This postcard shows a view of Strathpeffer from Church Brae. The church pictured is that of the Free Church of Scotland, opened in 1886. It has a distinctive steeple and a commanding position looking over the village. Continuing up Church Brae, one comes to Strathpeffer Spa Golf Club, founded in 1888. The scenic golf course offers panoramic views down the Peffery valley to the Black Isle and westward to the Fannich hills.
Strathpeffer lies 4 miles (6 km) west of Dingwall in the strath of the River Peffery. It owes its growth and popularity to the discovery of sulphurous springs there in the 1770s. A Dr Morrison from Aberdeenshire publicised the healing powers of the waters at the beginning of the 19th century and, on his recommendation, the first pump room was built in 1819. With the strong support of the then Countess of Cromartie, Strathpeffer developed as a Victorian spa resort, its popularity greatly enhanced by the opening of the Strathpeffer branch of the Dingwall and Skye Railway in 1885. Many grand hotels and substantial Victorian villas were built to accommodate the steady stream of visitors who came to 'take the waters'. Until World War I the village was a major visitor attraction but thereafter its popularity declined.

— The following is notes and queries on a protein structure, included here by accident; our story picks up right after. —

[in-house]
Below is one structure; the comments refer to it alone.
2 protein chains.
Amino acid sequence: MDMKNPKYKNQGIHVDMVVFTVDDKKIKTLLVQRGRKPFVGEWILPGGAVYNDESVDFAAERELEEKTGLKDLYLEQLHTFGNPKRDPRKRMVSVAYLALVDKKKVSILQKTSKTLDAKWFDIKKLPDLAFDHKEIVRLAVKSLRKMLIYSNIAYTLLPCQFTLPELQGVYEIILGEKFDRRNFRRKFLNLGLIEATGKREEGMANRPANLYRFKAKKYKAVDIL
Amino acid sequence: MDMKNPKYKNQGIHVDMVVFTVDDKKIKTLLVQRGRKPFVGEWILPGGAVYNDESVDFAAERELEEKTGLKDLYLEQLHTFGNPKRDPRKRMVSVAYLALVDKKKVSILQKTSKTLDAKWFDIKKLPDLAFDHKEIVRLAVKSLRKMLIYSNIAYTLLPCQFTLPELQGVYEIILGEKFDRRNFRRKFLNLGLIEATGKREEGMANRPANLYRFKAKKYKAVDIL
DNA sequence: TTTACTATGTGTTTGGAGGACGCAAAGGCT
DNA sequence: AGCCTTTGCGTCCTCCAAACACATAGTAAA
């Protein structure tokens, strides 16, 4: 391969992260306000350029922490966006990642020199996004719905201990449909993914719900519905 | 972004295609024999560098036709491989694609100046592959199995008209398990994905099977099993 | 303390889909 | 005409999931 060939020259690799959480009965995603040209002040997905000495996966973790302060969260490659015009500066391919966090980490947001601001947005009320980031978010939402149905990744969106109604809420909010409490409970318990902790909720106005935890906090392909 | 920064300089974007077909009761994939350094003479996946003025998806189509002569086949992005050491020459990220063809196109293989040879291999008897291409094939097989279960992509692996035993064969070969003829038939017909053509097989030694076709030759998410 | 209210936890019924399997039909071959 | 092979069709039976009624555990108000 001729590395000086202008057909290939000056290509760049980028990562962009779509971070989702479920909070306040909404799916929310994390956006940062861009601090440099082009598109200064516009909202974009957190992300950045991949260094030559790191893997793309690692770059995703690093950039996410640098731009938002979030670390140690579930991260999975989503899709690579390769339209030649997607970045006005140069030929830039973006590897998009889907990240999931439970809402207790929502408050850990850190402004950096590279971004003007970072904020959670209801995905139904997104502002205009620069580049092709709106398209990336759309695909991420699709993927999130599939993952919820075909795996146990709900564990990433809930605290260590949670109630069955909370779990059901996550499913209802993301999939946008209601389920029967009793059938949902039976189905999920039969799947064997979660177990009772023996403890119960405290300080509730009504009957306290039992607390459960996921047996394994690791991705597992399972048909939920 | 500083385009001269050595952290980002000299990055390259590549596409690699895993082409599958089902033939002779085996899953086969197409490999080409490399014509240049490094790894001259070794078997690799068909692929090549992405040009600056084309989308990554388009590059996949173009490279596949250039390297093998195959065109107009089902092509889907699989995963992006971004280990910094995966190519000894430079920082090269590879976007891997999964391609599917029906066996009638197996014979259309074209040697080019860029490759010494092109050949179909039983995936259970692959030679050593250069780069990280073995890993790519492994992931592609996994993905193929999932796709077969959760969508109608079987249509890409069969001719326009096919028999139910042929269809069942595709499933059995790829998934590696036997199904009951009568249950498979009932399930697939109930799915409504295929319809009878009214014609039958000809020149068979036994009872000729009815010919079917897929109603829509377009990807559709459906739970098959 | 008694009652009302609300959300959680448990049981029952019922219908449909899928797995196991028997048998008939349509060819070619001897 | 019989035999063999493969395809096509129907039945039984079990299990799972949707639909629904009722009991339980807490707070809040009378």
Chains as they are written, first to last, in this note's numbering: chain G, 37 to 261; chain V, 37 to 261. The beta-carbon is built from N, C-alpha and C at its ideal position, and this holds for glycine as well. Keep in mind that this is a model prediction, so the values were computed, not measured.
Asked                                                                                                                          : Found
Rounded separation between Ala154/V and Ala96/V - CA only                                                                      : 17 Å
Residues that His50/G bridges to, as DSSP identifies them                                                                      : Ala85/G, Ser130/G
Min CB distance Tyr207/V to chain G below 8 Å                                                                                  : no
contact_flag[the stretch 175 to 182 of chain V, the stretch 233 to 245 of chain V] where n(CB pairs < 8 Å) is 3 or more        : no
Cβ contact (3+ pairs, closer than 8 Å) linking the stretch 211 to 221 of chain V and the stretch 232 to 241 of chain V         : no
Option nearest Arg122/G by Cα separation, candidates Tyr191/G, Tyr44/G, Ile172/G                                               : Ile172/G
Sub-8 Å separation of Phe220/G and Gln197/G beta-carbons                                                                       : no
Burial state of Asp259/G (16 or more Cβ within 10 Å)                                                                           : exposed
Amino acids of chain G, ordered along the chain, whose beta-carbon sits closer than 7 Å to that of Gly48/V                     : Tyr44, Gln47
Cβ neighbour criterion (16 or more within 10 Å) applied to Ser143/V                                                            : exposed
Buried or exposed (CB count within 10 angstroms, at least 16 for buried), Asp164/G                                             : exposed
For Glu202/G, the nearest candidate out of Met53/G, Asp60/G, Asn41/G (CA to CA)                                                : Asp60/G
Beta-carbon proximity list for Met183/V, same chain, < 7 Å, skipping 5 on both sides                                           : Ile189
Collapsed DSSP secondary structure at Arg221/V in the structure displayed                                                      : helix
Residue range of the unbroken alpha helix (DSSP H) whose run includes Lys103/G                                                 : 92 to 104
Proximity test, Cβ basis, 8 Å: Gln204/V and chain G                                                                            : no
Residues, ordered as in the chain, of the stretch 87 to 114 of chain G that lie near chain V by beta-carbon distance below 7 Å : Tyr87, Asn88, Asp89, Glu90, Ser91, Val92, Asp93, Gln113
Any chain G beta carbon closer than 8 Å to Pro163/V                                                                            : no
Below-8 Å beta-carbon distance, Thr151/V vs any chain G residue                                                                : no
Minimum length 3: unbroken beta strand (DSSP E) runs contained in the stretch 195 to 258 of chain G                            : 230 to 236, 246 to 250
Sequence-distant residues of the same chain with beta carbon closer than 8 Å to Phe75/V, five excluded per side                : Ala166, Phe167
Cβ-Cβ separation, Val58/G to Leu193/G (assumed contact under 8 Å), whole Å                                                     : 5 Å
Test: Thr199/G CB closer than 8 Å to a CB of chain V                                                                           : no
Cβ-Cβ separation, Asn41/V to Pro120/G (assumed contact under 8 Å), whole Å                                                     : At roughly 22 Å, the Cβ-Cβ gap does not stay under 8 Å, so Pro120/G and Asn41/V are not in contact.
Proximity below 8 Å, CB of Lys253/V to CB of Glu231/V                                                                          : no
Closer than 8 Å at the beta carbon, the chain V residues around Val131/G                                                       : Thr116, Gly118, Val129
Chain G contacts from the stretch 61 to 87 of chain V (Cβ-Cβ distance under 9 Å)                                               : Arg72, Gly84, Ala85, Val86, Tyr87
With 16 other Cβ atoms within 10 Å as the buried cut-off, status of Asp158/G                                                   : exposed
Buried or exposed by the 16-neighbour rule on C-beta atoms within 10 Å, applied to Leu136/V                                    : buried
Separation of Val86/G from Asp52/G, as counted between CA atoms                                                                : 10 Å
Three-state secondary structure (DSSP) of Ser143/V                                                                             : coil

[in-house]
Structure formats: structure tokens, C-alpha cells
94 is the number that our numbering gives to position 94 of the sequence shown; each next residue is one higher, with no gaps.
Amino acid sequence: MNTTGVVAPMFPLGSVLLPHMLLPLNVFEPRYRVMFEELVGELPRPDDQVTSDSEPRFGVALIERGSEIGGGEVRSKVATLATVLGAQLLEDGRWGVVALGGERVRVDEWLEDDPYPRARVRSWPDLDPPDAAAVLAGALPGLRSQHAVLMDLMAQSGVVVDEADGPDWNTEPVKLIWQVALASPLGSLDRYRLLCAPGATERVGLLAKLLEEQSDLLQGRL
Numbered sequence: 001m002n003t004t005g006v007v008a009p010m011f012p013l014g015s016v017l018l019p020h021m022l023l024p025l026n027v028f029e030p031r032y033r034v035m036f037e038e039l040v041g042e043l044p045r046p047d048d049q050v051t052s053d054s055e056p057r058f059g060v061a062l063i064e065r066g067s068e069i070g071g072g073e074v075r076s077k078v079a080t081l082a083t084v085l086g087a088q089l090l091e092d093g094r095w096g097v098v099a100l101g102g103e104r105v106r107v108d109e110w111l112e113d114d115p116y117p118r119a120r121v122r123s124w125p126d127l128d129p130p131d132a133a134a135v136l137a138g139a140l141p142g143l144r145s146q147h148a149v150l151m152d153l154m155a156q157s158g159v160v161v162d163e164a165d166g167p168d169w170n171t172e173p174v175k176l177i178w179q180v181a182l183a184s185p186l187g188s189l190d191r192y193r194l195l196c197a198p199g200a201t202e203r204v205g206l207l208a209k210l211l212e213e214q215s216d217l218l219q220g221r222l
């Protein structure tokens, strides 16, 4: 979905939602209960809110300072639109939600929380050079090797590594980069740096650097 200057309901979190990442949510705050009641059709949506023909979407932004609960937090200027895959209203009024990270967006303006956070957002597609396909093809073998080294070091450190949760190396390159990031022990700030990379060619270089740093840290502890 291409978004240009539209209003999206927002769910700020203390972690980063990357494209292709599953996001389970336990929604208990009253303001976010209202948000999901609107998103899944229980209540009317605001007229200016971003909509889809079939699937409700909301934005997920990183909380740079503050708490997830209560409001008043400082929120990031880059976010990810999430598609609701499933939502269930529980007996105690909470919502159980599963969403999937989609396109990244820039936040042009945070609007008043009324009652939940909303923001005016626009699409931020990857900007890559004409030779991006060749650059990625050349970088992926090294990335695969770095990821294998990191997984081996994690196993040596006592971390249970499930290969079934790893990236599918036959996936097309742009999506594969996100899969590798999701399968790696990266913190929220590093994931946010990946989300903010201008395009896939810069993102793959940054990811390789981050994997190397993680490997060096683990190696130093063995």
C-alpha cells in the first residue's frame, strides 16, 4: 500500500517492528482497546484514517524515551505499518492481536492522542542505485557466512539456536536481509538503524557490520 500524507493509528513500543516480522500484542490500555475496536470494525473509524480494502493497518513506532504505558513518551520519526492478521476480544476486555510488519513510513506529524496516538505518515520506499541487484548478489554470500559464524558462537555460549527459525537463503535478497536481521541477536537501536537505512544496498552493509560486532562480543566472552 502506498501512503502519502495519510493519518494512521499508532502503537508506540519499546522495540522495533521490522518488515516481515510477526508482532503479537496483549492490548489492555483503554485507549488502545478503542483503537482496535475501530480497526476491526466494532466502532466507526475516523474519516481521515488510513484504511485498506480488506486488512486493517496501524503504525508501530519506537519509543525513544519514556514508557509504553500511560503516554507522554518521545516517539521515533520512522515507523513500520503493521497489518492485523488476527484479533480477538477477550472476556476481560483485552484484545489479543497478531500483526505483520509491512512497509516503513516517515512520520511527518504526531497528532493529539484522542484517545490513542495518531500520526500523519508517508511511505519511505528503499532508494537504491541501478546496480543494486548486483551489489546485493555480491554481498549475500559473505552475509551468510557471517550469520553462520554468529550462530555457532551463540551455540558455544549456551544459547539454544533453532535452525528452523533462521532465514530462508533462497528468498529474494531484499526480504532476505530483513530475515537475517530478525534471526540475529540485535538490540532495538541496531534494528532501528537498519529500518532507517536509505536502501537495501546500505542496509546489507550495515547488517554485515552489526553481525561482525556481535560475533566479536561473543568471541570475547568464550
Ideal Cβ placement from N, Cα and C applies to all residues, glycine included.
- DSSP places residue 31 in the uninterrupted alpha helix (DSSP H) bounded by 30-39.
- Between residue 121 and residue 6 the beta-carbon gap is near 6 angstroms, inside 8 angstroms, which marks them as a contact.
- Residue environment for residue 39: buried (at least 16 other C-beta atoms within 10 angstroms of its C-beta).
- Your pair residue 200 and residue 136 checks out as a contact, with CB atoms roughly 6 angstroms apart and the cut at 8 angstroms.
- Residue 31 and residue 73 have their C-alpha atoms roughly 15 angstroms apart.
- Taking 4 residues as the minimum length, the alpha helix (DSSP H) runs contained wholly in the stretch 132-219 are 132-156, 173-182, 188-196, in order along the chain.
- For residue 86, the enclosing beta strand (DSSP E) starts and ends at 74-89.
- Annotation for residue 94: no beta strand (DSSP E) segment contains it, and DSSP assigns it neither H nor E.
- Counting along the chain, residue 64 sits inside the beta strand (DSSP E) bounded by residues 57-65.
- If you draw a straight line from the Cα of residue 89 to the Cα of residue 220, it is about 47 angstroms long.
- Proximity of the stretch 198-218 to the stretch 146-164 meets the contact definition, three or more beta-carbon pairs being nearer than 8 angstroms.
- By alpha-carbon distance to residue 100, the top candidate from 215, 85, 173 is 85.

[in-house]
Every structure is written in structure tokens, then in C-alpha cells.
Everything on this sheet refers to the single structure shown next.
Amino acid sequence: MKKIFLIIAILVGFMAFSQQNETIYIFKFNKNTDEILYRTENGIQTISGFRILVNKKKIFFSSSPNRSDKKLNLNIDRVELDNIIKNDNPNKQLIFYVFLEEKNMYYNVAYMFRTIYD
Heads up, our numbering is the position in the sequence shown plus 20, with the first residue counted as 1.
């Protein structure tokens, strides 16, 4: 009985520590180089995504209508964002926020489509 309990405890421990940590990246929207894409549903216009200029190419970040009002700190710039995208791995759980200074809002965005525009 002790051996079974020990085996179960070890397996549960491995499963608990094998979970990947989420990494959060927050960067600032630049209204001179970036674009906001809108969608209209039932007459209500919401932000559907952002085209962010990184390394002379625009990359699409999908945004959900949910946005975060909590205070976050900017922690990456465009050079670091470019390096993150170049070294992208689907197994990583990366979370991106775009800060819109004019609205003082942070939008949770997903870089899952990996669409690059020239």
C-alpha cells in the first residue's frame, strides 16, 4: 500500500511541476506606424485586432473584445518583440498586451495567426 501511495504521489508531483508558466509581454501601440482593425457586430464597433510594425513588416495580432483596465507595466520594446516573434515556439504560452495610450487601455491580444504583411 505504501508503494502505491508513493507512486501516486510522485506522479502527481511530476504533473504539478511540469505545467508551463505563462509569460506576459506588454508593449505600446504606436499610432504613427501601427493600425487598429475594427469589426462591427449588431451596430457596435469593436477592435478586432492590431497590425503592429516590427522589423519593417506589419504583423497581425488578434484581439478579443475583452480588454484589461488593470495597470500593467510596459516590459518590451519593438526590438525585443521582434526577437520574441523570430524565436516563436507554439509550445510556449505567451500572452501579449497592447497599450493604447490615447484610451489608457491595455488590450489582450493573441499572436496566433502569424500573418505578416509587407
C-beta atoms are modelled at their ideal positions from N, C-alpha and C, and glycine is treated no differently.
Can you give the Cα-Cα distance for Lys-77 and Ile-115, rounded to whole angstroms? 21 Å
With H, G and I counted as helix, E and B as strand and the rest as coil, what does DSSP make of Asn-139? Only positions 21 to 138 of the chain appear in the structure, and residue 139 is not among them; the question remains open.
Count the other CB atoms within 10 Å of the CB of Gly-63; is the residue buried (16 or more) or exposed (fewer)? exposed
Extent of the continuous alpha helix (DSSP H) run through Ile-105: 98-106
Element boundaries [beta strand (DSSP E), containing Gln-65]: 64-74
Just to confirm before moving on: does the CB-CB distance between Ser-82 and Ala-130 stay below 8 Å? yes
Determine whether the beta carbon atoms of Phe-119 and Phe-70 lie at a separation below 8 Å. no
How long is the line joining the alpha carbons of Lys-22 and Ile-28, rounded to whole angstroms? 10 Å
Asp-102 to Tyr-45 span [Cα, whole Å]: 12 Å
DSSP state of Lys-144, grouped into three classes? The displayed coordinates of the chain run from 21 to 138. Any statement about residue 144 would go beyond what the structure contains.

Today, Strathpeffer is once more popular with tourists, its large Victorian hotels and guesthouses providing accommodation for visitors touring the Highlands. Among the village's attractions are the Museum of Childhood, the Strathpeffer Spa Pavilion and the Upper Pump Room, where visitors can again sample the healing waters.
This photograph is featured in Then and Now